Monday, October 25, 2010

If anyone is missing a brown glove from the Ghosts program on Sat. night, please call us at 203-438-1063 or e-mail.

Sunday, October 24, 2010

The DC Women's Hiking Group will hike at Tarrywile Park in Danbury, CT on Oct. 26th and 28th.
Directions to Tarrywile Park:
Take 84 to Danbury Airport exit at end of ramp light turn right onto Wooster Heights follow to stop sign and make sharp right turn onto Southern Blvd.
Follow road and will see signs to Tarrywile turning right and parking lot will be on the right across street from Immaculate H.S. We will meet in the lower parking lot at 9:30am.

Tuesday, October 19, 2010

Ghosts of the Full Moon

Beware! On Saturday night October 23 ghostly apparitions will once again appear in Ridgefield’s Hemlock Hills. As Samhain or Halloween approaches, the veil between the living and Other-world thins, allowing restless spirits to emerge into the land of the living. Who will appear is up to the wind and the will of the spirits. Some of those restless souls who have traveled across and walked among the living have been Sarah Bishop, heritress ever fearful of fire, little Hezekiah Scott forever looking for his lost cow, and the Leather Man still walking his endless route. Maybe this year a few new spirits may transcend the veil to join those that have walked before. Whoever does emerge will have a story to tell. For those brave morals who wish to listen, sign up now – if you dare. But be prepared for a nighttime walk among the phantoms of Ridgefield’s past in the deep dark woods of Hemlock Hills during the October’s Full Moon.

Monday, October 18, 2010

The DC Women's Hiking Group will hike at Lake Windwing on Oct. 19th and the 21st.
Lake Windwing is located across from Ridgebury Elementary School on Bennetts Farm Rd. take South Shore Dr. and turn left into the park area.
Meet at 9:30am.

Monday, October 11, 2010

DC Women's Hiking Group

No hike on Tues., Oct. 13th. (No School)
On Thurs., Oct. 15th the DC Women's hiking group will hike at Brewster Farm/Jones Trail.
Parking is on Lounsbury Lane which is off of Florida Hill Rd.

Friday, October 8, 2010

Black Bears in Ridgefield?

Yes but not to worry. Over the past week there have been a couple of black bear sightings in Ridgefield. With Connecticut’s landscape converting back to forest, it has become more and more black bear friendly. Black bears are intelligent animals and very adaptable. Their preferred habitat is deciduous forests with abundance of fruits and nuts. An opportunist omnivore, their diet varies with the seasons and ranges from early spring shoots, carrion and fawns to insects, berries, nuts and roots. This time of year they are bulking up for their winter nap. Seeds from our birdfeeders are a great source of fat and protein and supplement the regular nuts and seeds that are found in the wild. They have a keen sense of smell and can detect food at a great distance. So, odors from grills, outside pet food, birdfeeders, and garbage are like a fast food beacon to them.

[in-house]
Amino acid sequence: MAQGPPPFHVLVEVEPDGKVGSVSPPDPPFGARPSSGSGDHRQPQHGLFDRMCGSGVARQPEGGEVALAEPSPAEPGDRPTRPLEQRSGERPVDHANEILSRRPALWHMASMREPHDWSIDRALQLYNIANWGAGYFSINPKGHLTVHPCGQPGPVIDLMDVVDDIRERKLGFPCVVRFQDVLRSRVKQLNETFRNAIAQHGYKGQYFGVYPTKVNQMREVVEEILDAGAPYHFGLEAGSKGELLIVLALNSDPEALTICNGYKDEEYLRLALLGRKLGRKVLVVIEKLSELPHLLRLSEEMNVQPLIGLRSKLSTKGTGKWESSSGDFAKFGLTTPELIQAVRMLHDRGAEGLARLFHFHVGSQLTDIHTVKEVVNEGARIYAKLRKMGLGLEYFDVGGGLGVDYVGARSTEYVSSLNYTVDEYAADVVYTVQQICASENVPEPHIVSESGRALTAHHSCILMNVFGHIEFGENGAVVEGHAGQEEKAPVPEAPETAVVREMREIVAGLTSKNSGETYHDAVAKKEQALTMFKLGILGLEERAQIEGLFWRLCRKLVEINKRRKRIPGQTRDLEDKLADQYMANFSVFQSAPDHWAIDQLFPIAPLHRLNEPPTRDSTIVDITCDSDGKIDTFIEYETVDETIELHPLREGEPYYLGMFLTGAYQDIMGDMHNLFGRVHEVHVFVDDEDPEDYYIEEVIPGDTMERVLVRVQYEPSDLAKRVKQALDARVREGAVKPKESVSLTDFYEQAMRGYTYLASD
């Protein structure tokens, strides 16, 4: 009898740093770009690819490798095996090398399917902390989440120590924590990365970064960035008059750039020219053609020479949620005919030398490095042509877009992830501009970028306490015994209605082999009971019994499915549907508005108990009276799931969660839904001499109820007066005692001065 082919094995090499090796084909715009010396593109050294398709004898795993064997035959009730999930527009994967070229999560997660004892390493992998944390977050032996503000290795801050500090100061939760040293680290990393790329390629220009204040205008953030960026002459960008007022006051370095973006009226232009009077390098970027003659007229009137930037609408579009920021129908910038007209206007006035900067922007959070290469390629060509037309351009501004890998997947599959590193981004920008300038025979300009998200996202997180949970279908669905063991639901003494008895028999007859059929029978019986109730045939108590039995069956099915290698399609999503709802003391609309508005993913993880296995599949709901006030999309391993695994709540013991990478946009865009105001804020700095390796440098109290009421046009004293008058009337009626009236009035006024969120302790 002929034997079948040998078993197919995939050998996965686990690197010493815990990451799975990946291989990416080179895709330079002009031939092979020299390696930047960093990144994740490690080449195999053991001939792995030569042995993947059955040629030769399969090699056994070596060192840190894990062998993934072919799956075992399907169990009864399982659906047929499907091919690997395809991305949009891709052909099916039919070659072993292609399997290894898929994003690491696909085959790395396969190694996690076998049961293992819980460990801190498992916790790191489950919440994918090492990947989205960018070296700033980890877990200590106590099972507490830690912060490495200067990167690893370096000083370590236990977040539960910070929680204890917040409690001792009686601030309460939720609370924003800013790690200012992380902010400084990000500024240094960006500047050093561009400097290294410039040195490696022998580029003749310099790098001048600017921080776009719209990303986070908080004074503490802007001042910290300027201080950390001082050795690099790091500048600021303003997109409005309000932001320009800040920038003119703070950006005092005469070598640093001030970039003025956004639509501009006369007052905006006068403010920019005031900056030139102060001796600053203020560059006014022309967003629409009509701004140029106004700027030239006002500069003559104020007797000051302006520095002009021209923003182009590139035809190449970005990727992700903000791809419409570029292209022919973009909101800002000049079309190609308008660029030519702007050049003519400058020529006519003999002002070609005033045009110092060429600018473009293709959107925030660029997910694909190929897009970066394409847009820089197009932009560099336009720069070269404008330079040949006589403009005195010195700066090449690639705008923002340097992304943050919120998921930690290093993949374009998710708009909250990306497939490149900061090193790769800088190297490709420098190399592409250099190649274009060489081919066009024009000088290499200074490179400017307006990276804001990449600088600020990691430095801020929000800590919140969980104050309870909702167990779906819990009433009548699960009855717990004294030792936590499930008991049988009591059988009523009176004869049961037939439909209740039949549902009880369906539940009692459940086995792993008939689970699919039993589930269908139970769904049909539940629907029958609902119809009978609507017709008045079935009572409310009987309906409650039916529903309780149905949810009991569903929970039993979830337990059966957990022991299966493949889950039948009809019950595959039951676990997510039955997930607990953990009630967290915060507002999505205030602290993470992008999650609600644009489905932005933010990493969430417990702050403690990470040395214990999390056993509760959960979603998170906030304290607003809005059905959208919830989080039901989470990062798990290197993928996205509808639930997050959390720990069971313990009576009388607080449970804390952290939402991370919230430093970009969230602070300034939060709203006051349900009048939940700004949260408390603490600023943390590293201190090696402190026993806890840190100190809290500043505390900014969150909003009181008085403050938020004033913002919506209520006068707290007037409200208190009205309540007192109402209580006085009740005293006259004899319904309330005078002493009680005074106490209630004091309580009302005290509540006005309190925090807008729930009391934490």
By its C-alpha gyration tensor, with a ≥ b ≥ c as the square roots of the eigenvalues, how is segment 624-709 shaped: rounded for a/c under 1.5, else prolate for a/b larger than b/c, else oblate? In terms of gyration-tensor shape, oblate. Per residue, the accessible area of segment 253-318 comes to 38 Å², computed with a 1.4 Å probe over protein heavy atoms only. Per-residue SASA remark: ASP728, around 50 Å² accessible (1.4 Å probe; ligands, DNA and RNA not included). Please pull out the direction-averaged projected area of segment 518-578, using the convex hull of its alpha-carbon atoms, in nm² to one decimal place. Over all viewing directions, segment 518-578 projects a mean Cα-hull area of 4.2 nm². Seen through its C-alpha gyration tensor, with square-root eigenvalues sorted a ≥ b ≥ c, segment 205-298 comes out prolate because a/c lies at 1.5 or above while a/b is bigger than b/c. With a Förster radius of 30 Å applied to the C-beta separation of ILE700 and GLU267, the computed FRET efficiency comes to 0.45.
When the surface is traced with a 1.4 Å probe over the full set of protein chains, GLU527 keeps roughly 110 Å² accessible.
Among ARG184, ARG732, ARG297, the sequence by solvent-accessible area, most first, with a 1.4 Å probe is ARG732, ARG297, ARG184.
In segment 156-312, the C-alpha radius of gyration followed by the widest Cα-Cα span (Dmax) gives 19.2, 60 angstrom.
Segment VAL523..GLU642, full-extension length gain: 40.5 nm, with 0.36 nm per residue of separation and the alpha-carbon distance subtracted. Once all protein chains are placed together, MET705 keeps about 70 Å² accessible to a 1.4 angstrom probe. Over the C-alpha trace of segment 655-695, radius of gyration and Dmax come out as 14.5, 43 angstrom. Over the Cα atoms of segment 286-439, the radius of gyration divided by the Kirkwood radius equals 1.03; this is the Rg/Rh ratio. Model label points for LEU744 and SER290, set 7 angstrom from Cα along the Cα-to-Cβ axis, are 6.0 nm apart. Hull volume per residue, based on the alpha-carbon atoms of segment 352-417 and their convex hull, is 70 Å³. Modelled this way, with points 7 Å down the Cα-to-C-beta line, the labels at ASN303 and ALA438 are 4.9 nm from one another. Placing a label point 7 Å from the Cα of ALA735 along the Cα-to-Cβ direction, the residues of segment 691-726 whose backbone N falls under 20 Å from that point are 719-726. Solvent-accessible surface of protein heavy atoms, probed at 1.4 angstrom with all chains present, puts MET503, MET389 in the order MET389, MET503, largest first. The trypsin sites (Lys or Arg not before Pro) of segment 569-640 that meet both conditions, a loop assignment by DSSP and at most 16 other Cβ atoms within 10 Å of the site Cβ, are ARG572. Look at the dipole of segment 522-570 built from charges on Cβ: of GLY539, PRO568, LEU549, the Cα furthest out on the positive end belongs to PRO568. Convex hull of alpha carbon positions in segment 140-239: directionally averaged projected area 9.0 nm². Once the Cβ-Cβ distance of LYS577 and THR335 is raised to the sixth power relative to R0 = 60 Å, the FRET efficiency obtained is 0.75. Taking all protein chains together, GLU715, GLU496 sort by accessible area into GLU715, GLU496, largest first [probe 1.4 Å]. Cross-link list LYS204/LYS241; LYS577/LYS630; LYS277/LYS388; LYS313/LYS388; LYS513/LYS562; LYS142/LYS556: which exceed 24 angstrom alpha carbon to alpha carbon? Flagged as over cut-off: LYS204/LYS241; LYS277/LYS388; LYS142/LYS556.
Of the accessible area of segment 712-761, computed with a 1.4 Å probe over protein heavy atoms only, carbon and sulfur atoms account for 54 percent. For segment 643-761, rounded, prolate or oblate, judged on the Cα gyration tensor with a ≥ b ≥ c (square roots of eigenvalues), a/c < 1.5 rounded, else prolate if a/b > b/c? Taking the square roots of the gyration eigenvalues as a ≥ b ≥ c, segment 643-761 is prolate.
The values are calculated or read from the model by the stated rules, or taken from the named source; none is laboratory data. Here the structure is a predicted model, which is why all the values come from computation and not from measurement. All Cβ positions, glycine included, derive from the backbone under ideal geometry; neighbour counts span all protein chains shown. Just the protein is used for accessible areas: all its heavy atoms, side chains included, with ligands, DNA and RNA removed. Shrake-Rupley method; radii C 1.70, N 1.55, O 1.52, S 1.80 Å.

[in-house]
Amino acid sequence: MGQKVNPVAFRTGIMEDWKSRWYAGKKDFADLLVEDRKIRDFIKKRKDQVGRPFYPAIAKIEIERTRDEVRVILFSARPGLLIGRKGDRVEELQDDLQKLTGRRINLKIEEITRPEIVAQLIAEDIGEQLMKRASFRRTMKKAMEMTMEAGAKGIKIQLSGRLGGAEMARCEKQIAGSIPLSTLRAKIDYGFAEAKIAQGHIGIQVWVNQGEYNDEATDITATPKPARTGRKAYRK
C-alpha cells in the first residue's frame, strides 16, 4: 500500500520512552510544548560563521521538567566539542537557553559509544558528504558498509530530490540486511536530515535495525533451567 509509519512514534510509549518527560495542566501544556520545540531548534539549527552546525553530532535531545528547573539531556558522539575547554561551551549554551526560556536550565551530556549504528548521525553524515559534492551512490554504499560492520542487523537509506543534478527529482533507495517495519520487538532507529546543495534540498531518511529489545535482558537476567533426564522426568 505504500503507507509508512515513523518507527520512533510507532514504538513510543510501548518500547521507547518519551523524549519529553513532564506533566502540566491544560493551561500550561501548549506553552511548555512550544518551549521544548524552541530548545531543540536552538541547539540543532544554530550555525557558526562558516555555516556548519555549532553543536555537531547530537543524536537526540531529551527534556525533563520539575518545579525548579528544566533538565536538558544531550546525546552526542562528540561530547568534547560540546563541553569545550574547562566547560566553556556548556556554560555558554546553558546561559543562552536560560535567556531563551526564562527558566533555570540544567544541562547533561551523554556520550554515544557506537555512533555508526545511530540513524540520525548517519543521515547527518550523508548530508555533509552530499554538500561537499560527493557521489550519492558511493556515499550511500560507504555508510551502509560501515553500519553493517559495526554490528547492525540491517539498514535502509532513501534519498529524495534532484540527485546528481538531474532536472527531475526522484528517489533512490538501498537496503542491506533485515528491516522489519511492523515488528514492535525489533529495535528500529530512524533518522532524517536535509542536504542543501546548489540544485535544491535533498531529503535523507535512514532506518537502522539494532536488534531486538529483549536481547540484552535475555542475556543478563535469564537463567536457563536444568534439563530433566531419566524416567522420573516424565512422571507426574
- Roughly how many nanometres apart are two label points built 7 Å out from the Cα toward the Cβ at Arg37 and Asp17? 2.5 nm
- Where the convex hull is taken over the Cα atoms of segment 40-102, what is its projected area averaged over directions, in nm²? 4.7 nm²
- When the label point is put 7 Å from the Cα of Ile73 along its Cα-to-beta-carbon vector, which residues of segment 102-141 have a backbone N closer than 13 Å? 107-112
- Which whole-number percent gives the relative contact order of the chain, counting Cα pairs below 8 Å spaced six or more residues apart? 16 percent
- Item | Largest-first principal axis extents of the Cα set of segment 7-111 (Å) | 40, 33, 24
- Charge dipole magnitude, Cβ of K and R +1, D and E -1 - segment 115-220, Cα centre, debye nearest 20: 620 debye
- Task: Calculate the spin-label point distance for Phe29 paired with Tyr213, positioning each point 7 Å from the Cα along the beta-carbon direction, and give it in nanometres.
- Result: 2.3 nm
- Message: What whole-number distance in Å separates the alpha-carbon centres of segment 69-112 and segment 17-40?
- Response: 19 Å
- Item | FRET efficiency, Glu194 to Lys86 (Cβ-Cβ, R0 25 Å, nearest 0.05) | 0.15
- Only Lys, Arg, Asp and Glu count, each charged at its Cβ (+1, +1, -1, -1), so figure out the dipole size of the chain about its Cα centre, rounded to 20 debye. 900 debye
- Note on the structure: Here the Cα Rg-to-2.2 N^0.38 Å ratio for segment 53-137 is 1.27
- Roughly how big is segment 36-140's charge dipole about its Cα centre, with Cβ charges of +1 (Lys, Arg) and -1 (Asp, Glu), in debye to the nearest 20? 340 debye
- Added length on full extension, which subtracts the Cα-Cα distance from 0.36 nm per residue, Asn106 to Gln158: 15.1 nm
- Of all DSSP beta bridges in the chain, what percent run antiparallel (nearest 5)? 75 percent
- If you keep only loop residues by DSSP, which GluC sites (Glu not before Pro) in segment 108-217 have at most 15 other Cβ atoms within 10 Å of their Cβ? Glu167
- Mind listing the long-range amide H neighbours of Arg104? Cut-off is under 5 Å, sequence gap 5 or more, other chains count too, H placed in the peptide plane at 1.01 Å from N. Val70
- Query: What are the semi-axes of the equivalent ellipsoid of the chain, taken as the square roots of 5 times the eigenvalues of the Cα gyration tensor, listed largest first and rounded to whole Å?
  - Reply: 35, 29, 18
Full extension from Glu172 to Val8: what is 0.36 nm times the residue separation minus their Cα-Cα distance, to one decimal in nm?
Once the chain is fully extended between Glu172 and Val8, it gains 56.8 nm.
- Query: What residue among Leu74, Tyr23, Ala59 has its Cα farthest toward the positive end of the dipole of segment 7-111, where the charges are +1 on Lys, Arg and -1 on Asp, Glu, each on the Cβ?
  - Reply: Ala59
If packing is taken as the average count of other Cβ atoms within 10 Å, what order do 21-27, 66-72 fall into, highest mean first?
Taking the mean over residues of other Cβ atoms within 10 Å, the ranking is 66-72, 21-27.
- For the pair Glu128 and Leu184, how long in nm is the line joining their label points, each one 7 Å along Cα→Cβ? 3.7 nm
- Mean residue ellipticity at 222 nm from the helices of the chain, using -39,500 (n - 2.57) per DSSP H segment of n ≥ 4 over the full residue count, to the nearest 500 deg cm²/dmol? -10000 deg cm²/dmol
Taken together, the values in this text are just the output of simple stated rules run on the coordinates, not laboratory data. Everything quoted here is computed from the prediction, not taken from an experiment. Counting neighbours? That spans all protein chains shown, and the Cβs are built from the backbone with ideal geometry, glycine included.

This is the time of year that the yearlings are looking to establish new territories where they can claim a den site. Some will travel great distances. Depending on the gender and terrain, a CT black bear’s home range can vary from 5 - 60 square miles. Although ranges can overlap, with the population increasing, the bears are becoming more visible.

Black Bears are not as aggressive as their western grizzly cousins. Except for a mother and cubs, they prefer to forage alone at night. They have keen hearing and normally leave the area once it senses human presence. If you see a bear, enjoy it but from a distance. The CT DEP website contains lots of dos and don’ts about bears, a fact sheet, sighting numbers and even how to report a bear sighting. Just type in “CT DEP bears” into any search engine for the latest information. And now it is time for this blogger to go out and buy another birdfeeder. (Photo courtesy of Memphis zoo)

Wednesday, October 6, 2010

Why Fall Foliage?

The days are growing shorter and New England comes alive with color. Why such great color here? The answer lies in our mixed deciduous hardwood forests and our climate. First - Why Color? Leaves are the food factory of a plant. During the summer the leaf's green chlorophylls are working hard to produce food for the plant's survival. They are so abundant, they mask out the other pigments in the leaf. But chlorophylls are very unstable and they must be constantly replaced. As the sunlight diminishes, they are replaced at a slower and slower pace. Eventually the other pigments called caroteniods start to become unmasked. These appear yellow or orange or many hues in-between. The birch or beech trees have an abundance of these.

As time progresses less water and nutrients can enter or exit the leaf. This causes a backlog of chemicals. In some plants, these trapped chemicals, plus light causes anthocyanins to form. These create the reds and purples. The brighter the light during this period, the greater number of anthocyanins are produced and the brighter the color. Some plants like sumacs have so much anthocyanins that they mask the caroteniods completely. While others like the sugar maple slowly produce it so that their leaves first turn yellow, orange then red. But some like the birch can't produce it at all.

Dry sunny days followed by cool dry nights enable the above processes to create the brightest colors. The best variety of color comes from hardwood deciduous forests which contain a wide assortment of trees. New England's climate and forests meet both requirements for world class fall foliage.